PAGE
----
Game Nation: A Massively Multiplayer Offline Role-Playing Game

Illustration for article titled Game Nation: A Massively Multiplayer Offline Role-Playing Game

Game Nation is gearing up to make your live-action role-playing dreams come true, now scouting locations for the world's first "Experiential Video Game Theme Park and Resort." Sounds like some expensive LARPing to me!

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In 1981, Larry Niven and Steven Barnes produced Dream Park, a novel about an interactive role-playing game resort, where players participate in live-action role-playing games with the aid of holographic technology. Like any pen-and-paper or video game RPG, players accrued experience points and power, gaining the respect of their peers and striking fear in the hearts of their enemies.

That's what Game Nation sounds like, sans the holographic technology. It's a massive role-playing game set in its own resort, complete with weapons, classes, and experience points. "Your dreams and fantasies will come to life," claims the official press release. My fantasies? Isn't that illegal?

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The release doesn't deliver much in the way of specifics, instead talking big about the grand adventures you will have, with a special message from Game Nation's creator, Ruke.

"I remember when I younger and I played video games, when I finished the game I wished that world was real and I could be part of it." said Ruke, Creator of Game Nation. "It's fantastic that people will get to actually realize everything they've seen in a video game come to life".

Ruke, ladies and gentlemen.

This wouldn't be the first time someone attempted to create an amusement park centered around live-action role-playing. In the 90's a company took on the name Dream Park, planning to come as close as possible to Niven and Barnes' vision with current technology. Dream Park Corporation went bankrupt in 1997, and the park never surfaced.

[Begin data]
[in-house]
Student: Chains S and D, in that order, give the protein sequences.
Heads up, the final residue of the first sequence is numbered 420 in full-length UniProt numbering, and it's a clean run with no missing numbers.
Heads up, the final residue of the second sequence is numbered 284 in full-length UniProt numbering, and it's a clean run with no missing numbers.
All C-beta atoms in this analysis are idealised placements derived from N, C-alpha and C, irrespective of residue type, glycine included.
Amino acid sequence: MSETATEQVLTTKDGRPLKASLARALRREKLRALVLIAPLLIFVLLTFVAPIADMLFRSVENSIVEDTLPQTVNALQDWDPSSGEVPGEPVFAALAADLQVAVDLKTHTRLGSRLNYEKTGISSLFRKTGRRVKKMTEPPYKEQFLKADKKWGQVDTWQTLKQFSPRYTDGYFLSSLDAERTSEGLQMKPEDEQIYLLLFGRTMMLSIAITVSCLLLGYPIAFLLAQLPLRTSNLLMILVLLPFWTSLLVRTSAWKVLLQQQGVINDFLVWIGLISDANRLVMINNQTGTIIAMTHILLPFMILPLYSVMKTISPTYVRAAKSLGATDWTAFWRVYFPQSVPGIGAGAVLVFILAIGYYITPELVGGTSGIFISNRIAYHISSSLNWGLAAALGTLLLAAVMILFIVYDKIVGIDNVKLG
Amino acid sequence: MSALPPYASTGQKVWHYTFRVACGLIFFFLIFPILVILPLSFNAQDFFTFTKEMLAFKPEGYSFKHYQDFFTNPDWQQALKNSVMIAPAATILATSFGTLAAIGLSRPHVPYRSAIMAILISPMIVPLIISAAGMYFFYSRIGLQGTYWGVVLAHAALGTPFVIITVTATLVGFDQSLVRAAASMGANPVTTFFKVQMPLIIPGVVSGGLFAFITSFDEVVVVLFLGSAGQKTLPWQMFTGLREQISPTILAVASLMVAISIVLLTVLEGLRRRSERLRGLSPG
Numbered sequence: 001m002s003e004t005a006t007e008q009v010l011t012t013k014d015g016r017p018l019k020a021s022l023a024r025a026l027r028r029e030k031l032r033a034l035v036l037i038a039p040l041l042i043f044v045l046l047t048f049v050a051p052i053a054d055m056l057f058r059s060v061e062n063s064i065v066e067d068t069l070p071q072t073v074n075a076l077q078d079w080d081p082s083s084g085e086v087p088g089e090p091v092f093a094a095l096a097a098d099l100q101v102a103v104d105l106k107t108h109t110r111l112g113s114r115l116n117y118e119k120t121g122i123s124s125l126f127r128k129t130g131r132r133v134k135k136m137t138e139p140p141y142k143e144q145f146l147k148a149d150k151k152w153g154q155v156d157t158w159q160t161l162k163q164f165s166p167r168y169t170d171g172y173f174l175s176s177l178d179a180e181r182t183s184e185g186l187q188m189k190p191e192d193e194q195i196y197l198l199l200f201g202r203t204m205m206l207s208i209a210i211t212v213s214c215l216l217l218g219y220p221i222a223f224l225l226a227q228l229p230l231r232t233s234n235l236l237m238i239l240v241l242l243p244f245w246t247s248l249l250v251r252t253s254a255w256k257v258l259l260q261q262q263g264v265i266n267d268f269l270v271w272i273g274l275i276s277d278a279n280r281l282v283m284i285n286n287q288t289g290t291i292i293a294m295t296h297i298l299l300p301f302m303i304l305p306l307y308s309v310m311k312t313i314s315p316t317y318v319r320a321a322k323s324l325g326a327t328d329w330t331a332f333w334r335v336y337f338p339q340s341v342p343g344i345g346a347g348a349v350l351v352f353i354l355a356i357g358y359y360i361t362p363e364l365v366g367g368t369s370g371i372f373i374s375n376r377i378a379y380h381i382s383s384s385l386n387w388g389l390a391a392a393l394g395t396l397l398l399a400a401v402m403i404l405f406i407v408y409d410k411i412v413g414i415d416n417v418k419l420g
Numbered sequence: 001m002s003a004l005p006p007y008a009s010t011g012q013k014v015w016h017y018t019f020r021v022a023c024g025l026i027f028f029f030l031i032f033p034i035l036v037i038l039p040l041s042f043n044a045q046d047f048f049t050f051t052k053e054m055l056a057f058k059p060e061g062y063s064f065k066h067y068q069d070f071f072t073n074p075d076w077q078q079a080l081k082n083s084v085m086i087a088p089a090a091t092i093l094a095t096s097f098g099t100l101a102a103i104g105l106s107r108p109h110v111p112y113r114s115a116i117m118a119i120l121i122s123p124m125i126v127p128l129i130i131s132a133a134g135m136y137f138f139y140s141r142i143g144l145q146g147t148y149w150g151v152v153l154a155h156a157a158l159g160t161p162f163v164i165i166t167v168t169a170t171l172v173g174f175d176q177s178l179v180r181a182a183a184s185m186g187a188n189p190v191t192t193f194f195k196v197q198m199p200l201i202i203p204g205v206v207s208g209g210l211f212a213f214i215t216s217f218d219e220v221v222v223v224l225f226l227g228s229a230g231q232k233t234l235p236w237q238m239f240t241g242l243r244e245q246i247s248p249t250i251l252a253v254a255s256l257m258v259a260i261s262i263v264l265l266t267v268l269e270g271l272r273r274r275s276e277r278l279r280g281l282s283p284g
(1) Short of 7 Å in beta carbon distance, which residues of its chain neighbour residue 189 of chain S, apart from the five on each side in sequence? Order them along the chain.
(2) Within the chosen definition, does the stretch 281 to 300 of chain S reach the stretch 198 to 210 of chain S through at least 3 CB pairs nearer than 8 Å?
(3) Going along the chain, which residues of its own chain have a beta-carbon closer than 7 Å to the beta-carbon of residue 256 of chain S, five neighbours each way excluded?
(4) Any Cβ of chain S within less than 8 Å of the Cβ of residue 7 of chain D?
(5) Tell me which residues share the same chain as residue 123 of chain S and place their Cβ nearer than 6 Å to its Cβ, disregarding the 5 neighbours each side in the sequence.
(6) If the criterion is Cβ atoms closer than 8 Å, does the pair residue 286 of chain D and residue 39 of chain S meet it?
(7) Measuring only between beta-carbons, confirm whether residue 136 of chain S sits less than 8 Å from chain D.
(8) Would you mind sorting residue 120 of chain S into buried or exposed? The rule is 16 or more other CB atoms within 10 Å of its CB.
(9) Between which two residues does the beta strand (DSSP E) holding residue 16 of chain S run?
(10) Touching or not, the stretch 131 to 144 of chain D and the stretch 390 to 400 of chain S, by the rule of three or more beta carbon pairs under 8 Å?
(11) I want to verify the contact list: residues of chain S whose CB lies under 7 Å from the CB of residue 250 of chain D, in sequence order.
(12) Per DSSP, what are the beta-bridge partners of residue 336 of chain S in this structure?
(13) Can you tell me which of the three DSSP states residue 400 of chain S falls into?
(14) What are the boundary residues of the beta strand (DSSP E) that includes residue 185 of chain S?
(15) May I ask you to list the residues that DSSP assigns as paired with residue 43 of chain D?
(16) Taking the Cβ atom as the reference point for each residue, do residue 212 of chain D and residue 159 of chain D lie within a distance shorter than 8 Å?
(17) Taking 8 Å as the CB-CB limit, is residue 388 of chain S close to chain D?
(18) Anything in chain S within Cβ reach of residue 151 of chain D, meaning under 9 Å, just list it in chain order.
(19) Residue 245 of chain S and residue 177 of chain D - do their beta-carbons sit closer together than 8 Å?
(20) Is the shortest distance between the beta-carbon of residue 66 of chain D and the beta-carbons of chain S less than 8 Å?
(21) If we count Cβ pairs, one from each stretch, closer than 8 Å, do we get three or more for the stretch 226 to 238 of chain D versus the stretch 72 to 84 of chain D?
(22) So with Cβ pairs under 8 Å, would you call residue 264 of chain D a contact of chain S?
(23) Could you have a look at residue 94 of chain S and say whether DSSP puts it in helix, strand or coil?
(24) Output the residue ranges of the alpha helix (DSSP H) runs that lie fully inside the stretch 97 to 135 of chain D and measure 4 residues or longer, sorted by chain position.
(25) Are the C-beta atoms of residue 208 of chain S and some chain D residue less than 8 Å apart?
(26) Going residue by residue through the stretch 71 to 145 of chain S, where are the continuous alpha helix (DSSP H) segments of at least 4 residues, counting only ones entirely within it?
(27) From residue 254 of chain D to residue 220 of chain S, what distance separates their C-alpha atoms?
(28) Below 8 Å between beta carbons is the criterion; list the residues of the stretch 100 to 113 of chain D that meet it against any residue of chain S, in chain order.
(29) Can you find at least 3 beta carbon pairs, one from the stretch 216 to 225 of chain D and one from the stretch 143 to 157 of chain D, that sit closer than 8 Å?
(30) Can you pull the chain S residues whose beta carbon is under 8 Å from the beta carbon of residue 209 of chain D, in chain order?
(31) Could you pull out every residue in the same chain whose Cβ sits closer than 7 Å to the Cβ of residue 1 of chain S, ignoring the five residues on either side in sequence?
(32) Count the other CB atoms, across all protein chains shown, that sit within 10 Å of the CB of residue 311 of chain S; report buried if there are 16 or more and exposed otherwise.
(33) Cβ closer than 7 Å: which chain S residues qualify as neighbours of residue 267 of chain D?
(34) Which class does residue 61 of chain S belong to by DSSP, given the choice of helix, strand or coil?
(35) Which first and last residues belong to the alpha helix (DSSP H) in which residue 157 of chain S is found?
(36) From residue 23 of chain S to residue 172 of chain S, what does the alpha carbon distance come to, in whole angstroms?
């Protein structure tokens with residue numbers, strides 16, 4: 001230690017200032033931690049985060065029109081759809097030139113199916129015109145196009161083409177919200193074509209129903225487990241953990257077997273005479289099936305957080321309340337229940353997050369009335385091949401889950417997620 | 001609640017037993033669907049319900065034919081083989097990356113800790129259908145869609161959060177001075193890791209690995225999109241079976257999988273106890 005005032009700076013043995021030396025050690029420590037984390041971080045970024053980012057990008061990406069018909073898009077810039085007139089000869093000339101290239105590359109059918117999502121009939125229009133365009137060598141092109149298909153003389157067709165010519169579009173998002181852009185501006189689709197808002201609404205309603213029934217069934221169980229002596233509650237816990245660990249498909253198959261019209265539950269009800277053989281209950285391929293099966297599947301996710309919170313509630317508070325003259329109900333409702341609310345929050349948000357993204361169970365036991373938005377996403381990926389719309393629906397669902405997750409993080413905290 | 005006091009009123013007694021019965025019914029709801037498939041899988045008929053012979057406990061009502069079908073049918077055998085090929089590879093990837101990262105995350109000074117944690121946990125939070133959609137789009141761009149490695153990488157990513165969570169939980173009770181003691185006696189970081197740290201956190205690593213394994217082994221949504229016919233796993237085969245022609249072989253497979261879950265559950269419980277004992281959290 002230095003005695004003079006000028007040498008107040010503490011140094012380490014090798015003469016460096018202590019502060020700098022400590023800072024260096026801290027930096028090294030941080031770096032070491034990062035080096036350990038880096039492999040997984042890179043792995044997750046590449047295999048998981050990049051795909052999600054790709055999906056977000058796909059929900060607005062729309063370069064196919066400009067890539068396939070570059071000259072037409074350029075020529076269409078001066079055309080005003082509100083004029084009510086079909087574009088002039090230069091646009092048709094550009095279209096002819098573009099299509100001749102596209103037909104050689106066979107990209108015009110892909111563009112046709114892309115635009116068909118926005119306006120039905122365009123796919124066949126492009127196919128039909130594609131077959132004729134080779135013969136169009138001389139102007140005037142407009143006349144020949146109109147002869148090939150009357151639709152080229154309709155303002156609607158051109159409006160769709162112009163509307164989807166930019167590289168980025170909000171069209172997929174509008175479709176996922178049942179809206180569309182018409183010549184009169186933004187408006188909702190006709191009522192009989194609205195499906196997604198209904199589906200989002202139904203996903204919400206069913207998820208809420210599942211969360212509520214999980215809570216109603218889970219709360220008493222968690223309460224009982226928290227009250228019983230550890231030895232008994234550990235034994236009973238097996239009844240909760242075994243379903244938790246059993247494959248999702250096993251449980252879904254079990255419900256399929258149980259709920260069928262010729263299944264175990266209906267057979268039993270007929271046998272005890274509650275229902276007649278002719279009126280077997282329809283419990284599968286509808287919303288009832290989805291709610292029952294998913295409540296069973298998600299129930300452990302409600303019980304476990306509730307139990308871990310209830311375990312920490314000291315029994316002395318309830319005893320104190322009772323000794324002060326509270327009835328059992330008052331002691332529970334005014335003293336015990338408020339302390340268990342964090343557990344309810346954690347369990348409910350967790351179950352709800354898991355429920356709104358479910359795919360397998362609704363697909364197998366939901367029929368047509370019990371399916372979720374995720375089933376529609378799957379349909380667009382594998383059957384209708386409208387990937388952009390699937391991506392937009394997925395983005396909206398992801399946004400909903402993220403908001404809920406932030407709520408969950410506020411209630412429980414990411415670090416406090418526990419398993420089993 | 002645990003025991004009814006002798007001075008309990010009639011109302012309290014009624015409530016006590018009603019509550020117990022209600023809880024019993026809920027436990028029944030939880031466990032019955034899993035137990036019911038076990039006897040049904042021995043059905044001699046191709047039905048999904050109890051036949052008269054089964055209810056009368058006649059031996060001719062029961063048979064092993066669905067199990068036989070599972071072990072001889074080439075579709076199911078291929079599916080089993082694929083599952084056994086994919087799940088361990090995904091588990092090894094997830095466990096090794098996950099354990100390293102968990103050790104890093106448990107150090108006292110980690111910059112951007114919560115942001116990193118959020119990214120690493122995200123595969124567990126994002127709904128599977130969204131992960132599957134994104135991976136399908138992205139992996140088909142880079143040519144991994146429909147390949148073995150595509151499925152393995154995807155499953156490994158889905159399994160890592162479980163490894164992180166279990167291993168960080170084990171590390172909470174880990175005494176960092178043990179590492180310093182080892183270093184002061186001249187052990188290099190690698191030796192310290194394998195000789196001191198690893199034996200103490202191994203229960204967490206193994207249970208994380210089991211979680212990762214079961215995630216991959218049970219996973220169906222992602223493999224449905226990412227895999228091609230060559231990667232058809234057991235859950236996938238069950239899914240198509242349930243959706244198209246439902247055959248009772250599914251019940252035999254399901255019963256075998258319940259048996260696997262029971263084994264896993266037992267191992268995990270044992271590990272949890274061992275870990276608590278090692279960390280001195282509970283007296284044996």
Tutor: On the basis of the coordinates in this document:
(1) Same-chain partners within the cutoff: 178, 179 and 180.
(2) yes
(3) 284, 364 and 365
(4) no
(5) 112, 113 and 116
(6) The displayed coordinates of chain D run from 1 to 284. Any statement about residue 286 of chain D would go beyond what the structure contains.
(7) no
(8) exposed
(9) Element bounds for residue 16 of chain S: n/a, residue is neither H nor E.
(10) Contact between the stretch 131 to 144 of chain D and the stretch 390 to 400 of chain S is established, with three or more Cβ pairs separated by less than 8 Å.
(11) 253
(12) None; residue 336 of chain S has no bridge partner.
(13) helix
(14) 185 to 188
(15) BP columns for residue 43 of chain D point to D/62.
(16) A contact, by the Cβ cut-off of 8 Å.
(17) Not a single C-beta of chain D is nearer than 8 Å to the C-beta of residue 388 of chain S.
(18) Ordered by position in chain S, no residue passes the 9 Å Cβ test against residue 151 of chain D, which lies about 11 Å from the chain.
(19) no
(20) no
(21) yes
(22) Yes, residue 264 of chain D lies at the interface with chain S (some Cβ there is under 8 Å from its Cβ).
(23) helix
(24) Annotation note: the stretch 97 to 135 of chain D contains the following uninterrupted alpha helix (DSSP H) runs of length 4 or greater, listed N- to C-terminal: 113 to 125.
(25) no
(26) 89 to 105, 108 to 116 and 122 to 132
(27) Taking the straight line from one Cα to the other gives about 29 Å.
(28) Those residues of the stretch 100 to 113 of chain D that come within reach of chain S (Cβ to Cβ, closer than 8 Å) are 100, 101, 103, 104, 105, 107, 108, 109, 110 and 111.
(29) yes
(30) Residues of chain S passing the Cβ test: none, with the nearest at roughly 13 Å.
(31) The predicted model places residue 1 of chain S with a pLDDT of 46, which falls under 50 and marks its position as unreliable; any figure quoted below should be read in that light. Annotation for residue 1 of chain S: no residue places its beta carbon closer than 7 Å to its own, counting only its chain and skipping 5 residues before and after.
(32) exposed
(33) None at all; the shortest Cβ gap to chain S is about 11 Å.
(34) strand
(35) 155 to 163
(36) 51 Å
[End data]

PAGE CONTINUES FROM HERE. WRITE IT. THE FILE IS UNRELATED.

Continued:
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With several locations across the U.S. and Japan, MagiQuest is probably the closest anyone has come to commercializing LARPing, giving players special wands they can use outside of official locations to duel other players. There's even an online MagiQuest game created by Myst developer Cyan Worlds.

Game Nation sounds a bit more ambitious, but it's hard to tell. The creators are currently looking for the ideal location for the theme park / resort, and should have that wrapped up within the next year. Perhaps then we'll get more information on what exactly it entails, and whether or not Ruke can pull it off.

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DISCUSSION

Somewhere, a kid who saw the film versions of, "The Lord of the Rings," is preparing his epic tale of murdered parents, a ransacked village, and a wounded soul in hopes that he will meet a woman at this park who is into men who can't cope with their own issues.

As a long-time pen and paper RP'er, I find this prospect at once distressing (because anyone who's honest about the hobby KNOWS I'm right) and vaguely insulting. Rolling a d20 shouldn't turn people into Stephanie Meyer-quality writers, but it often does, to the detriment of the medium and the individual. This theme park? It's only going to make it worse, because you'll have eight billion special snowflakes running around being, "the chosen one," all at once.

The collision of egotism, lackluster writing skill and particle-board grade imagination will be absolutely spectacular, in the way a wreck between two trains laden with tomatoes and baking soda would be.